Sebastian Gorka
Sebastian Gorka participates in a discussion during the Conservative Political Action Conference at the Gaylord National Resort and Convention Center, in National Harbor, Maryland, Feb. 24, 2017. Getty Images/Alex Wong

Sebastian Gorka, who was termed “a big mystery” by a White House official earlier this year is no longer working for the Trump administration.

Though he apparently issued a resignation letter, the White House insisted Friday he did not resign.

"Sebastian Gorka did not resign, but I can confirm he no longer works at the White House," a press statement released by a Trump representative said, indicating he was fired.

Although what he did was never spelled out, Gorka was serving as a deputy assistant to President Donald Trump, focusing on national security and terrorism.

Speaking to Washington Examiner, a White House official said his responsibilities “were appearing on television, giving White House tours and peeling out in his Mustang.”

In his exit letter excerpted in the Federalist, Gorka seemed to link his exit with departed senior strategist Steve Bannon’s, with whom he was closely aligned.

"The individuals who most embodied and represented the policies that will ‘Make America Great Again,’ have been internally countered, systematically removed, or undermined in recent months," Gorka wrote.

"The best and most effective way I can support you, Mr. President, is from outside the People’s House.”

Gorka’s stint inside the White House was marred by questions of his past and his credentials.

Gorka’s full name is Sebastian L. v. Gorka , the lowercase "v" denotes membership in a group called the Vitézi Rend (Order of Vitéz), a far-right nationalist group in Hungary originally founded by fascist dictator Miklós Horthy, Vox reported.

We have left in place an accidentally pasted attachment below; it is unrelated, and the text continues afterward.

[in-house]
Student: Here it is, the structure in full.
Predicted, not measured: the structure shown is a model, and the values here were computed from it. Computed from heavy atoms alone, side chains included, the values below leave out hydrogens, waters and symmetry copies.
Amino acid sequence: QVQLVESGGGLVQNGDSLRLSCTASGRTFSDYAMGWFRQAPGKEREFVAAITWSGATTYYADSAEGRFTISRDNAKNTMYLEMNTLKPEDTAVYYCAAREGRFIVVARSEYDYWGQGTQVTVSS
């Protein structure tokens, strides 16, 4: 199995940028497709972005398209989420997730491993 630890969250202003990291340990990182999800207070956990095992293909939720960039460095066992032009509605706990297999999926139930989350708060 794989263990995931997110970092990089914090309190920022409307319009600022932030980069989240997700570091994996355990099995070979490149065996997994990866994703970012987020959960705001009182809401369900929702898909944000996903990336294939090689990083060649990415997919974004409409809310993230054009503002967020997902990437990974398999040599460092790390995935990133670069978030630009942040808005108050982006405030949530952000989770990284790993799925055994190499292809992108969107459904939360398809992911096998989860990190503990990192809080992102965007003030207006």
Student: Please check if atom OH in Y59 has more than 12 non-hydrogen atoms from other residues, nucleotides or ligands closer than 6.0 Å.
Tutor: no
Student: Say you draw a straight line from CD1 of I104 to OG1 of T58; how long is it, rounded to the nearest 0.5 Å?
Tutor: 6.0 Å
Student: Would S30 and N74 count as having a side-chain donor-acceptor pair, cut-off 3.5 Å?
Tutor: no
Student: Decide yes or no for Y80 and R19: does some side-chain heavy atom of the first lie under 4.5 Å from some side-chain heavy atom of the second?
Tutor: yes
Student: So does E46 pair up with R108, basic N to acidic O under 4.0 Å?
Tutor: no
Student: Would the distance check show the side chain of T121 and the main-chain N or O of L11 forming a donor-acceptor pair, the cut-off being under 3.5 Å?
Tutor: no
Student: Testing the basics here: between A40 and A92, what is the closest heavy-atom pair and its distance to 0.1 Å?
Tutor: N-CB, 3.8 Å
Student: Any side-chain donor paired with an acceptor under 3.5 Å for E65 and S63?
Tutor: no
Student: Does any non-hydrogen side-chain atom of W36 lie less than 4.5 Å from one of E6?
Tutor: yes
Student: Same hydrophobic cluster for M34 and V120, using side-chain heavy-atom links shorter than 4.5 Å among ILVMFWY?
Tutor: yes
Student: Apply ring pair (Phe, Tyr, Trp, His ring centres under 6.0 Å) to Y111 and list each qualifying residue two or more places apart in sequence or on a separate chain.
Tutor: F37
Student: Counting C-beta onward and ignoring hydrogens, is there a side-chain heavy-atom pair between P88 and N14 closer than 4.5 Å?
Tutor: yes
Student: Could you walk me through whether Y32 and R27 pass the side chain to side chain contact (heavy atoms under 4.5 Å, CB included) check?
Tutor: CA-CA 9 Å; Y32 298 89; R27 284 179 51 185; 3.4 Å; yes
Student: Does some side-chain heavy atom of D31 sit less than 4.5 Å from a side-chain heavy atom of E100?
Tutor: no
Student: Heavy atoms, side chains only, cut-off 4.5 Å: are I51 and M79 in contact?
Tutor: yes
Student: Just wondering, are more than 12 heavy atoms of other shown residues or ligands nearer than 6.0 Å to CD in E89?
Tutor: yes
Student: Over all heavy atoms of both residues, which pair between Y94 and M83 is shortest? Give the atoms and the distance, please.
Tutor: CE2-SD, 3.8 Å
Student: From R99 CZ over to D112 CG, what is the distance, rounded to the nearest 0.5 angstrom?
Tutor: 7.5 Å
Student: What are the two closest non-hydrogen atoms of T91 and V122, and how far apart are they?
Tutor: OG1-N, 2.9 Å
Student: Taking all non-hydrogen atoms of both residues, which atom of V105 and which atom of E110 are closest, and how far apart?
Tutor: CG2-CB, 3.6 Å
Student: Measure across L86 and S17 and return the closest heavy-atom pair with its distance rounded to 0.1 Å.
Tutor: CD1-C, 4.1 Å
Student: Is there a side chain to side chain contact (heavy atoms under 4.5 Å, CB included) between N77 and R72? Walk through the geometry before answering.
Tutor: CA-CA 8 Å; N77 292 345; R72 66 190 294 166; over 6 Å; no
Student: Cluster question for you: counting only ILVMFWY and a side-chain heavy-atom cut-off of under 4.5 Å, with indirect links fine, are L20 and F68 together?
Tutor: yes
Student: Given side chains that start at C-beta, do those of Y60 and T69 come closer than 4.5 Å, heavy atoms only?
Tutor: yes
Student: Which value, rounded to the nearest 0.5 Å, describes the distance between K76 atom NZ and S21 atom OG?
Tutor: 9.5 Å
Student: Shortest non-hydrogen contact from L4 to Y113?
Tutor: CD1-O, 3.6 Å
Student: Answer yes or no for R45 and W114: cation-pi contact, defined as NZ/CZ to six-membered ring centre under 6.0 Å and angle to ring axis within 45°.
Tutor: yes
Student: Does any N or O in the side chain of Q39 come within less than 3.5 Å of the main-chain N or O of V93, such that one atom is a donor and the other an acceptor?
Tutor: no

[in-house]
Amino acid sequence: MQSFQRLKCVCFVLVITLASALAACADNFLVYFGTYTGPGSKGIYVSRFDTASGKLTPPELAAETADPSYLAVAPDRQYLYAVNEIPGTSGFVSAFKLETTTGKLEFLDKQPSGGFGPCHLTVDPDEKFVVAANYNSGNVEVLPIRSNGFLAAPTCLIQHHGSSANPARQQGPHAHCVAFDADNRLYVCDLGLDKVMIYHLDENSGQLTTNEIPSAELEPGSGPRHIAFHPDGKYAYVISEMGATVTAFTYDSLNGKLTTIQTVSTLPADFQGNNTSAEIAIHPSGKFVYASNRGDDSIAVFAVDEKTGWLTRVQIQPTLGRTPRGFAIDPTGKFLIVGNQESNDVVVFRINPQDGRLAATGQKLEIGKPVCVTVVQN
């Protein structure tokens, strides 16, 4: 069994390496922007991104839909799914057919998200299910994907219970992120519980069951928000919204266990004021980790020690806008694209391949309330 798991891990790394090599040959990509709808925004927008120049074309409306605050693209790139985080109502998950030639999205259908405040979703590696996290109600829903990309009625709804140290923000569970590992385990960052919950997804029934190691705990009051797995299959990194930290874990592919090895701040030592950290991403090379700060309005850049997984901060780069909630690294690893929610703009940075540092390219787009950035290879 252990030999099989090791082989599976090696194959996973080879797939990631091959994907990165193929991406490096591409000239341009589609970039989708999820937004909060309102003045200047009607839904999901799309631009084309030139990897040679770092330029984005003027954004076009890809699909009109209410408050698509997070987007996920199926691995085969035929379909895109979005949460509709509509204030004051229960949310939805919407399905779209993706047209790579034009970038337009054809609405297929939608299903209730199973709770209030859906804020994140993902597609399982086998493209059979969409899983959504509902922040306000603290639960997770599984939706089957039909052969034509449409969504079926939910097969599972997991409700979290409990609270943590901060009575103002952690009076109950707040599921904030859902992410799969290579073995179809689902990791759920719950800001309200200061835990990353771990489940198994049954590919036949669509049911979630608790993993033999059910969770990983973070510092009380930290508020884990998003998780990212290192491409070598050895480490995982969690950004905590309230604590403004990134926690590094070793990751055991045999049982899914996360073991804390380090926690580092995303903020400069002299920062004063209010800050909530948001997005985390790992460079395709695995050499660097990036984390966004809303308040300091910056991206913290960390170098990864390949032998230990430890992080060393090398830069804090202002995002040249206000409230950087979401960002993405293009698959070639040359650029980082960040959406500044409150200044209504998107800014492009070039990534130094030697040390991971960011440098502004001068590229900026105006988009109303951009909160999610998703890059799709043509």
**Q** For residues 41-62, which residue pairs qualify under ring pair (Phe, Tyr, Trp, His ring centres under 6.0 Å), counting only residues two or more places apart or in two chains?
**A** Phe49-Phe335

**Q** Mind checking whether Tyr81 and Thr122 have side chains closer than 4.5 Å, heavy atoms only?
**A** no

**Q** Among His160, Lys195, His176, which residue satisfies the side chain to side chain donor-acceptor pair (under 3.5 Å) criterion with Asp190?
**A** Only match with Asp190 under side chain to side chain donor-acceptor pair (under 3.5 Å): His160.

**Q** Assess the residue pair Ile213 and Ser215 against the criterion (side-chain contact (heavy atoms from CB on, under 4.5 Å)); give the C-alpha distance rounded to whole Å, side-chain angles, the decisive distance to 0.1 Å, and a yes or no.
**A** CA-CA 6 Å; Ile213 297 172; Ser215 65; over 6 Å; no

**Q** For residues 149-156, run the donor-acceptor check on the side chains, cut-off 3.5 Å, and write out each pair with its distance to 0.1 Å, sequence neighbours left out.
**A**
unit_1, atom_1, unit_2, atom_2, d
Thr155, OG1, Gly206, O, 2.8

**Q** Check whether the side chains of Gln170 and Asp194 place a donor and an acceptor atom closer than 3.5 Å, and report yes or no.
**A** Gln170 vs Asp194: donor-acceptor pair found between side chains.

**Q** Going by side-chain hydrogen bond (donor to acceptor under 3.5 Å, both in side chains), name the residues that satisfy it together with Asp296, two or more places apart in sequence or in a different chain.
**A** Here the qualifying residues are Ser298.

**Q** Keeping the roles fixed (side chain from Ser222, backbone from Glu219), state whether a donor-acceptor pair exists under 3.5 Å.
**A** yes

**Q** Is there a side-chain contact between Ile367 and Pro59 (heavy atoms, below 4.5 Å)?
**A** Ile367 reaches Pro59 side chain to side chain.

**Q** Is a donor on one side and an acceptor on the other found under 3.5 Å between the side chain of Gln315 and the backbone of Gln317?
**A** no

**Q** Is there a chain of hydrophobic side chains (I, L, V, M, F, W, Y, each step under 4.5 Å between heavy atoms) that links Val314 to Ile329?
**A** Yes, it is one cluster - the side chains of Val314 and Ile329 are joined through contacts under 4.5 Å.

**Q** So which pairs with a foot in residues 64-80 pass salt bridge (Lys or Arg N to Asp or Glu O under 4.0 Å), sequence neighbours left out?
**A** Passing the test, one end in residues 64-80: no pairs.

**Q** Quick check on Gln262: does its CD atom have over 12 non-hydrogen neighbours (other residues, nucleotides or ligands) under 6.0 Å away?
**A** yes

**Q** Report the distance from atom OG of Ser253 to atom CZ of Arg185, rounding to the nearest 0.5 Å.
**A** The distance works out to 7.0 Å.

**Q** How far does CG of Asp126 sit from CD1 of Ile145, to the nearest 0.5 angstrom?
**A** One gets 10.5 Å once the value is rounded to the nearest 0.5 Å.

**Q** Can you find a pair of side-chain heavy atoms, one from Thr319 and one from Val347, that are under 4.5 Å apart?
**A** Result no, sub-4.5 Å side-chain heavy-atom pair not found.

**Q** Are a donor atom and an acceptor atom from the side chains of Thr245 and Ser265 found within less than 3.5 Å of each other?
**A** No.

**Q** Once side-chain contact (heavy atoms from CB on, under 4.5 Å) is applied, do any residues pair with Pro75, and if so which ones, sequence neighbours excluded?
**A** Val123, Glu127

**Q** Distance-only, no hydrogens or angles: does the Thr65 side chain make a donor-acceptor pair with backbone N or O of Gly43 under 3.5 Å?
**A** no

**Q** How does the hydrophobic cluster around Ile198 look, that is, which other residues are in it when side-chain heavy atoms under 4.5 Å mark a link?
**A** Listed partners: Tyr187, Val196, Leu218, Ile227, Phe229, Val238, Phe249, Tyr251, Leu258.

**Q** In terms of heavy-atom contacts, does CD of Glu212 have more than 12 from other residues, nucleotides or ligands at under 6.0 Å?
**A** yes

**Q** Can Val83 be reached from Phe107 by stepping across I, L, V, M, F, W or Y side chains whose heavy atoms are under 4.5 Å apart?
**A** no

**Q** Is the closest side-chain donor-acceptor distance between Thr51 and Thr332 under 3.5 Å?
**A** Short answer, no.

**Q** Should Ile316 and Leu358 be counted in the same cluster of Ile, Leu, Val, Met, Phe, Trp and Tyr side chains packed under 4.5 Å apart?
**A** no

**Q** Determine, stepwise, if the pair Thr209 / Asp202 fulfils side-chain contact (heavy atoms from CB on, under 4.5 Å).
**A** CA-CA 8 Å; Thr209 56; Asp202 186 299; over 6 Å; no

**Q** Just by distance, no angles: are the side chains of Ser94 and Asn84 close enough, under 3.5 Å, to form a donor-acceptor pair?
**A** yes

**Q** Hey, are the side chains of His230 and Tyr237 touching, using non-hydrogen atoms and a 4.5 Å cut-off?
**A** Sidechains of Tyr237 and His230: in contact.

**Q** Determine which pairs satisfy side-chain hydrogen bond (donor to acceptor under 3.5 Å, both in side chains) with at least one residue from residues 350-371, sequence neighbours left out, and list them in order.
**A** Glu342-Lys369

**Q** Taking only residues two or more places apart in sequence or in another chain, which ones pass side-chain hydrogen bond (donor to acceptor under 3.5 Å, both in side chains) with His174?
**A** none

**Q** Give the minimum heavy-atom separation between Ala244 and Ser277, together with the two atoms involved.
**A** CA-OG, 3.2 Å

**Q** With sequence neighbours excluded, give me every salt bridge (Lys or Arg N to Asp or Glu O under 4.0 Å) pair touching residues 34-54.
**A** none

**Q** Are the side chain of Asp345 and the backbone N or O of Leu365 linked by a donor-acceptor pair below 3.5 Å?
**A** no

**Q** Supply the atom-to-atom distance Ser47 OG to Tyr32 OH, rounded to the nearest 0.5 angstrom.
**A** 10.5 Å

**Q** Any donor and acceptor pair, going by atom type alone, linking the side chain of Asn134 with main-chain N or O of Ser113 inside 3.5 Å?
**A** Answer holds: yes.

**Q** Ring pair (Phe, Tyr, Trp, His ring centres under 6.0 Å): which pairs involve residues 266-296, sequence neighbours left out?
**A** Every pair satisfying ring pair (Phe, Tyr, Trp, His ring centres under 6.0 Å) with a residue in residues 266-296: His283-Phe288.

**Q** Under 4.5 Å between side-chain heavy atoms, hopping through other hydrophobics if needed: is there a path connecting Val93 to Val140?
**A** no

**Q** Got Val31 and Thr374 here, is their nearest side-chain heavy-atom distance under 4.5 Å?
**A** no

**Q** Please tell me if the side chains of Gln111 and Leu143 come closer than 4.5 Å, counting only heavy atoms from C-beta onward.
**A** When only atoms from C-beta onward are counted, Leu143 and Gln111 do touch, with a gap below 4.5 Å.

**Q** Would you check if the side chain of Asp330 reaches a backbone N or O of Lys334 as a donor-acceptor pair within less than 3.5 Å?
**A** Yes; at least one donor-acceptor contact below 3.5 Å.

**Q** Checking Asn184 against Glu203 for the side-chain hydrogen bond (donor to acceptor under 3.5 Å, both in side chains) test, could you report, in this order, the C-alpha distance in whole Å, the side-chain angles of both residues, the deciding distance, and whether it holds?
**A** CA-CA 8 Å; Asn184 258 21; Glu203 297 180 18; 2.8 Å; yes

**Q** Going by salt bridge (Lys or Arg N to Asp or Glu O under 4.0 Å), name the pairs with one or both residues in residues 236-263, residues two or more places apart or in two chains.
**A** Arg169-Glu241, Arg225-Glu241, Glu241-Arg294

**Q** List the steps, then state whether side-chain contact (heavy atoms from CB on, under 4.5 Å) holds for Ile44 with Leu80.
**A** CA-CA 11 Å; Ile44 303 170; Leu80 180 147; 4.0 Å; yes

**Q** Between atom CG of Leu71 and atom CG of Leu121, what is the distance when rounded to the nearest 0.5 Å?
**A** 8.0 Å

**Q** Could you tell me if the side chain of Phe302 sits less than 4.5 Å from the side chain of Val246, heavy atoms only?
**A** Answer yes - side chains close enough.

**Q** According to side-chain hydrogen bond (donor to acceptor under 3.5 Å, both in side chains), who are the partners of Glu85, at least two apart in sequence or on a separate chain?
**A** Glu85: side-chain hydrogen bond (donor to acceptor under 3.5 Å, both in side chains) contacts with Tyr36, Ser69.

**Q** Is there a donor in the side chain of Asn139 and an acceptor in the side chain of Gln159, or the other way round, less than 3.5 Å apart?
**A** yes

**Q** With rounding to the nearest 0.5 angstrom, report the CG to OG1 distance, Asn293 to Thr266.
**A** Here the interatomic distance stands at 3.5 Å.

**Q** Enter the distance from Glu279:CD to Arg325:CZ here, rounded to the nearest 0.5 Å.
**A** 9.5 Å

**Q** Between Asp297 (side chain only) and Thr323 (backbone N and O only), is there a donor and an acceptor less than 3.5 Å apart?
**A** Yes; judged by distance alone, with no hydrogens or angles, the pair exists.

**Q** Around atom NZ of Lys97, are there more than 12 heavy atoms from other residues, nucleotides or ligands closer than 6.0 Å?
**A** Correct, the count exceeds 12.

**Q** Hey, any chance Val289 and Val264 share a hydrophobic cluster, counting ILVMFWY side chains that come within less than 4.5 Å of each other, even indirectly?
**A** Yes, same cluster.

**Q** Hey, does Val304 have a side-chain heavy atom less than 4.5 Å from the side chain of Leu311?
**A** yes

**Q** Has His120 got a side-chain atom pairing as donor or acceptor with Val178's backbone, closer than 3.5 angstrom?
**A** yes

Gorka’s parents are from Hungary and he lived there from 1992 to 2007.

According to the Vox report, Gorka was seen on Hungarian television in 2007 endorsing a militia — Hungarian Guard— that the European Court of Justice found to be “essentially racist.” He also penned several op-eds for a paper notable for publishing virulently anti-Semitic material.

Gorka’s post-2002 qualifications were also criticized by American academics, who said the PhD awarded to him by Corvinus University in Hungary failed to uphold basic standards of citation and intellectual rigor.

Writing in the blog Lawyers, Guns & Money, Dan Nexon, a professor of international relations at Georgetown University said: “I am confident that [Gorka’s dissertation] would not earn him a doctorate at any reputable academic department in the United States.

“Indeed, it would be unacceptable as an undergraduate thesis,” he added.

Even after his PhD, Gorka’s work in his purported field of expertise left much to be desired, and counterterrorism professionals considered him a lightweight. Experts also found his insistence on a tight link between Islam as a religion and jihadism untenable.

It was Bannon’s patronage that got Gorka in the White House in the first place — he was national security editor for Bannon’s Breitbart News website since 2014.

Now with Bannon back in Breitbart as executive chairman, it’s probable Gorka be back at the national security beat at the right-wing news outlet.